Cotswold villagers have been left up in arms after claiming that they were being “misled” over the sale of a historic field at its centre.
Max Dyer, whose father is godfather to the Duke and Duchess of Sussex’s son, is accused of being involved in the recent purchase of a scenic 10-acre field at the heart of the sleepy village of Weston-sub-Edge in Gloucestershire.
Locals have said that the beauty spot is being “carved up” and sold off in lots and complained that nowhere in the initial marketing blitz did it mention that the plots are part of a site which includes a scheduled ancient monument.
The plots are also in an area of outstanding natural beauty, meaning they will be virtually impossible to build upon.
Flyers began appearing in the letterboxes of residents living adjacent to the field 10 days ago.
The parish council has complained that villagers may feel forced to purchase nearby plots, which typically range in size from 0.2 to 0.8 acres, to prevent developers from moving in.
The sale of two of the plots has already been agreed; it is understood that one fetched £104,000.
Villagers are also up in arms after a derelict caravan was this week dragged onto the ancient field in the middle of the night.
The formal legal purchase and now sale of the land off Church Street in Weston-sub-Edge was made by Spooner Holdings Ltd, an Isle of Man-registered company directed by George Spooner, a friend of Mr Dyer.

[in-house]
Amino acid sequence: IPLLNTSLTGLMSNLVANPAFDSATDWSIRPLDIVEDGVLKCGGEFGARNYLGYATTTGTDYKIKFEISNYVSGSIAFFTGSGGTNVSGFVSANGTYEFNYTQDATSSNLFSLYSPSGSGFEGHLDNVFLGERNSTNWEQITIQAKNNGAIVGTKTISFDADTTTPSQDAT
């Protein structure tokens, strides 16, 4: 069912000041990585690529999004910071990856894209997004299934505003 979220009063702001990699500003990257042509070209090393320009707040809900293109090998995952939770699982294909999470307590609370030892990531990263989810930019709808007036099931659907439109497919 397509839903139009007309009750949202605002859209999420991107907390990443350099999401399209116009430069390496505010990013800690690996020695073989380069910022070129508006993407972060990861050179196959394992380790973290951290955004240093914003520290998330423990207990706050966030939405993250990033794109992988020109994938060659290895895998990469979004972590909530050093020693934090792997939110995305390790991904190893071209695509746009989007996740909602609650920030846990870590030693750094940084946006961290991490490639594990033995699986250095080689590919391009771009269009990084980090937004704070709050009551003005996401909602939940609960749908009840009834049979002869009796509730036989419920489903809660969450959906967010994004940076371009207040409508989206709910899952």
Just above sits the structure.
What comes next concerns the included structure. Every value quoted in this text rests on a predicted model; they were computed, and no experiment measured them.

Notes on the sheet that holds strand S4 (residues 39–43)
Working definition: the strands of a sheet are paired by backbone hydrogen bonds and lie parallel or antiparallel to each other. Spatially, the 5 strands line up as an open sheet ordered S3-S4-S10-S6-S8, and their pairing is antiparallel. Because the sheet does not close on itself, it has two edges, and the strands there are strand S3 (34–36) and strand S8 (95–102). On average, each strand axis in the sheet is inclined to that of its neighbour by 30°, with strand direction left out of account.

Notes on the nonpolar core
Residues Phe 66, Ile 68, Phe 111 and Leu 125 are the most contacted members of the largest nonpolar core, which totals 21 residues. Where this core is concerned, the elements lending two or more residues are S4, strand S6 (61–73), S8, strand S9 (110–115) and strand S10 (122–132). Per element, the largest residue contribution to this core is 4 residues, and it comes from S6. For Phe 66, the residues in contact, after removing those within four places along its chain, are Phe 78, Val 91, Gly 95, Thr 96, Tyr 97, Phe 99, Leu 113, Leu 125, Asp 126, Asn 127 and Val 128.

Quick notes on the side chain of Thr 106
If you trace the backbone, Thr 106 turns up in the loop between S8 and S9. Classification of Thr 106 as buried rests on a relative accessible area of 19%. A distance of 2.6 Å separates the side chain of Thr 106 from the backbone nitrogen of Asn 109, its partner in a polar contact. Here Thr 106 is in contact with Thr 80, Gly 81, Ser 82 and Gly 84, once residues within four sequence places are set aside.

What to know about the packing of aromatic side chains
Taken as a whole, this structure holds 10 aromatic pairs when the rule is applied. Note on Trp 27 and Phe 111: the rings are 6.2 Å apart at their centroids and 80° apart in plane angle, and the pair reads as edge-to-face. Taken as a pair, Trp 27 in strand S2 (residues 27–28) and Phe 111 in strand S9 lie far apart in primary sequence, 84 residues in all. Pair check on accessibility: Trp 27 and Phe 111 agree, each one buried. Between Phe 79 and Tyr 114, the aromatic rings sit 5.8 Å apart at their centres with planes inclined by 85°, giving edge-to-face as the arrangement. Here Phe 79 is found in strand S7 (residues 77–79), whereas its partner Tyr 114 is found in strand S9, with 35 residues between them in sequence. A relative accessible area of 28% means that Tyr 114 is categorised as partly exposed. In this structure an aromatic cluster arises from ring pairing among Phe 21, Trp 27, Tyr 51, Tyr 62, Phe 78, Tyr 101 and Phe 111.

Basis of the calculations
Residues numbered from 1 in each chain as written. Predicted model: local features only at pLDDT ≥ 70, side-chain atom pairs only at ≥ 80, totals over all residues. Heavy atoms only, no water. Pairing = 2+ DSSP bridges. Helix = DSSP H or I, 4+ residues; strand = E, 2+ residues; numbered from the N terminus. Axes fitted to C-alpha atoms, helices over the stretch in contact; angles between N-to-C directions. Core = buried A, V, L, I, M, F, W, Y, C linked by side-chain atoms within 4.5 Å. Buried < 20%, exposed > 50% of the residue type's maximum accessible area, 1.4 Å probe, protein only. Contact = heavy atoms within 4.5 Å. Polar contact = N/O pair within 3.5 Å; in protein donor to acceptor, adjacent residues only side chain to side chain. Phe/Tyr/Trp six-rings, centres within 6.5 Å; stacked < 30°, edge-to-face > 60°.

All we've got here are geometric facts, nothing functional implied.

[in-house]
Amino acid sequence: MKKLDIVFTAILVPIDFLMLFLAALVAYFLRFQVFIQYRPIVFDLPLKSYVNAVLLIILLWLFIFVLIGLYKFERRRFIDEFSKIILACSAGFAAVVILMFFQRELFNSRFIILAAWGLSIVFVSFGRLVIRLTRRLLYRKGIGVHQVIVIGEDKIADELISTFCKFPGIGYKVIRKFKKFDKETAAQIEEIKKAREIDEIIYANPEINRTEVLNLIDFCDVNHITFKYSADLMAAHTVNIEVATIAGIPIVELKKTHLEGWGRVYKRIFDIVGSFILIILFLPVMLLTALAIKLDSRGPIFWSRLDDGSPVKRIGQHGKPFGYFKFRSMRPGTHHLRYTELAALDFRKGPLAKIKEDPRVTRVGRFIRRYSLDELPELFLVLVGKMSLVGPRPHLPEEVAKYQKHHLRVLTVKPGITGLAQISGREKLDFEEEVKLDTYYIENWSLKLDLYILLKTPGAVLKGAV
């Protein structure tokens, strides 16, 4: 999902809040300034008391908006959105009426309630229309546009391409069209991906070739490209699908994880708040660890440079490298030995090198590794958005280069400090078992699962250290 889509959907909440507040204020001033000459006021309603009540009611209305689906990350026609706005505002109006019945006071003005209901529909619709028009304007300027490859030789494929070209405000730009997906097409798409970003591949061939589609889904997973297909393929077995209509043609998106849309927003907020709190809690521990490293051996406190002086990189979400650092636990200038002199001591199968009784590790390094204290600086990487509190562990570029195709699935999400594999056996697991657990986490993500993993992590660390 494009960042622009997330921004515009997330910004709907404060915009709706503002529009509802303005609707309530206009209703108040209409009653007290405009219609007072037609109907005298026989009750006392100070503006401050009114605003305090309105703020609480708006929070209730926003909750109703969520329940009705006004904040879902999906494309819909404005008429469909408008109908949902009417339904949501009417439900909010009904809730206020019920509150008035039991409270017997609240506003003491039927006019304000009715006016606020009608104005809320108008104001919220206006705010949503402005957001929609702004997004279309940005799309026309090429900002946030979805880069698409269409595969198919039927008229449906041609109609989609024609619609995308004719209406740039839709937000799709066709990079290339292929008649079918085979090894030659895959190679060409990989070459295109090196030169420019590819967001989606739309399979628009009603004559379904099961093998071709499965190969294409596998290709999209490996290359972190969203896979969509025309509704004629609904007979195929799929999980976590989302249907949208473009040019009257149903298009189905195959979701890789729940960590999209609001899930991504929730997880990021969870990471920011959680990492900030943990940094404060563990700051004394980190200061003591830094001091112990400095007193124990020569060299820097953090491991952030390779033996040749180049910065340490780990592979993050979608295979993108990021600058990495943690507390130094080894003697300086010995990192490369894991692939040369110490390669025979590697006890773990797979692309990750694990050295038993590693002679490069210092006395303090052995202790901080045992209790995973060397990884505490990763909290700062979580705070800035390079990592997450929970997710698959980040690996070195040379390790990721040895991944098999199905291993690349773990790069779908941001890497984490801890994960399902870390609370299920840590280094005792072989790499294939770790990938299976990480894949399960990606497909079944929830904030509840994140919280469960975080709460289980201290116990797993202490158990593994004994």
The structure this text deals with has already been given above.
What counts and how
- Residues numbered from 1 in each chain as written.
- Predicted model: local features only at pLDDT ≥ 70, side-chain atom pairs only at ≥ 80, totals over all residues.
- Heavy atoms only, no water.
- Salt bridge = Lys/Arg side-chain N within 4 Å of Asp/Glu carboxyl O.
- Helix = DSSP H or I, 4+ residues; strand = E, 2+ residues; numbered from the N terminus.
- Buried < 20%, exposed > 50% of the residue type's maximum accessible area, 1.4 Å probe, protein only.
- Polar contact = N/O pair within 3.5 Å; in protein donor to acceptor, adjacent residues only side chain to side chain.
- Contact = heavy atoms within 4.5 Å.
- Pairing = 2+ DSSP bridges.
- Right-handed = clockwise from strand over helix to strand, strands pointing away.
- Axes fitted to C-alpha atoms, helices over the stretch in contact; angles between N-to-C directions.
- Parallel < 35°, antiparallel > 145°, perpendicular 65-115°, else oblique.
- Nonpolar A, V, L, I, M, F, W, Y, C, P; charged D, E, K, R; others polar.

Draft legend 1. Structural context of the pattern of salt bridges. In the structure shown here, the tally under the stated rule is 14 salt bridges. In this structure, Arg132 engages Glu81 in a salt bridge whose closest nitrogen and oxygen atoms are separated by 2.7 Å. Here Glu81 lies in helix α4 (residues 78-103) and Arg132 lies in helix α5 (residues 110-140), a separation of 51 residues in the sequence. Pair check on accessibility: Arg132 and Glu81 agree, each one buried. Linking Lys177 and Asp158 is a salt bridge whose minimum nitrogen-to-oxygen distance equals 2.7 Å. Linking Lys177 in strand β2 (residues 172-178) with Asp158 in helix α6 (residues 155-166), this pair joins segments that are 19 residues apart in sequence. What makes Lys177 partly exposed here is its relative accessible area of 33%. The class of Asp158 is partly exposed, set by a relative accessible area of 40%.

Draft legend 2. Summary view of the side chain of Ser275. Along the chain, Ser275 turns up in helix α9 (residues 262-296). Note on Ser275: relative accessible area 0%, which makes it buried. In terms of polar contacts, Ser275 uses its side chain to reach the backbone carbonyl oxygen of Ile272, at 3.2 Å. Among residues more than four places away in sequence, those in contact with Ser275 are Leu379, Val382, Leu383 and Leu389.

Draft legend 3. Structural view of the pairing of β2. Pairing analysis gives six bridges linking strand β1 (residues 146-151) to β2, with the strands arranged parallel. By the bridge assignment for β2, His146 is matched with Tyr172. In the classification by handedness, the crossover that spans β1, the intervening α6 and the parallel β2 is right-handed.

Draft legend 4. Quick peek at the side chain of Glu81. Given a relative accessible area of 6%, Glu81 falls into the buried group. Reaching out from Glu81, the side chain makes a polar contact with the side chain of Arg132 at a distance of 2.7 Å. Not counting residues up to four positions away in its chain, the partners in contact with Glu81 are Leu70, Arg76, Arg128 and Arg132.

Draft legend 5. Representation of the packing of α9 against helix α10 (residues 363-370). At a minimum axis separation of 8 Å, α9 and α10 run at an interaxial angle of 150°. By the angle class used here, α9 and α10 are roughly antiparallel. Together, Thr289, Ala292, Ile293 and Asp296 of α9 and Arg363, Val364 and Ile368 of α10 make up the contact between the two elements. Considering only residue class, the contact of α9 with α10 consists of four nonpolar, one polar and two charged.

The Telegraph understands that Mr Dyer is linked to the sale of lots although Mr Spooner was the legal purchaser of the land.
The scheduled ancient monument status of the land at Weston-sub-Edge protects the remains of a manor house, moat and carp pools that were razed to the ground in the sixteen hundreds.
The artefacts are buried, but their outlines remain visible and typically the land is used only to graze sheep and for villagers to walk their dogs across.
Jane Saltmarsh, who lives in the current manor house, which may have been built partly from bricks taken from the old ruin, said: “Because we are a sleepy rural village, it hasn’t been fully explored archaeologically.
“It’s still talking to us.
“I’m thunderstruck that anyone would think of carving it up.”
She is among a slew of villagers who have written to the land agents overseeing the sales, Barney Agents, accusing the sellers of “misrepresenting the facts” of the land.
Weston-sub-Edge parish council wrote of “serious omissions” in the marketing.
Bill Carruthers, chairman, told The Telegraph: “We are concerned that because of what they have read they could get into this without the full information and infer that planning permission could be granted when it absolutely couldn’t.”
Barney Estates said the marketing which failed to mention the scheduled ancient monument and area of outstanding natural beauty was an “initial draft” that was later amended.
“All sales are done via an auction process, where all documentation relating to the lands’ restrictions are documented within the legal packs,” a spokesman said.
“In no way has development potential been insinuated throughout this brief marketing period.”
The agents denied any knowledge of the caravan.
Mr Spooner did not respond to an invitation to comment in his own right, and neither did Max Dyer, apart from to say that Hacking Trust does not own the land.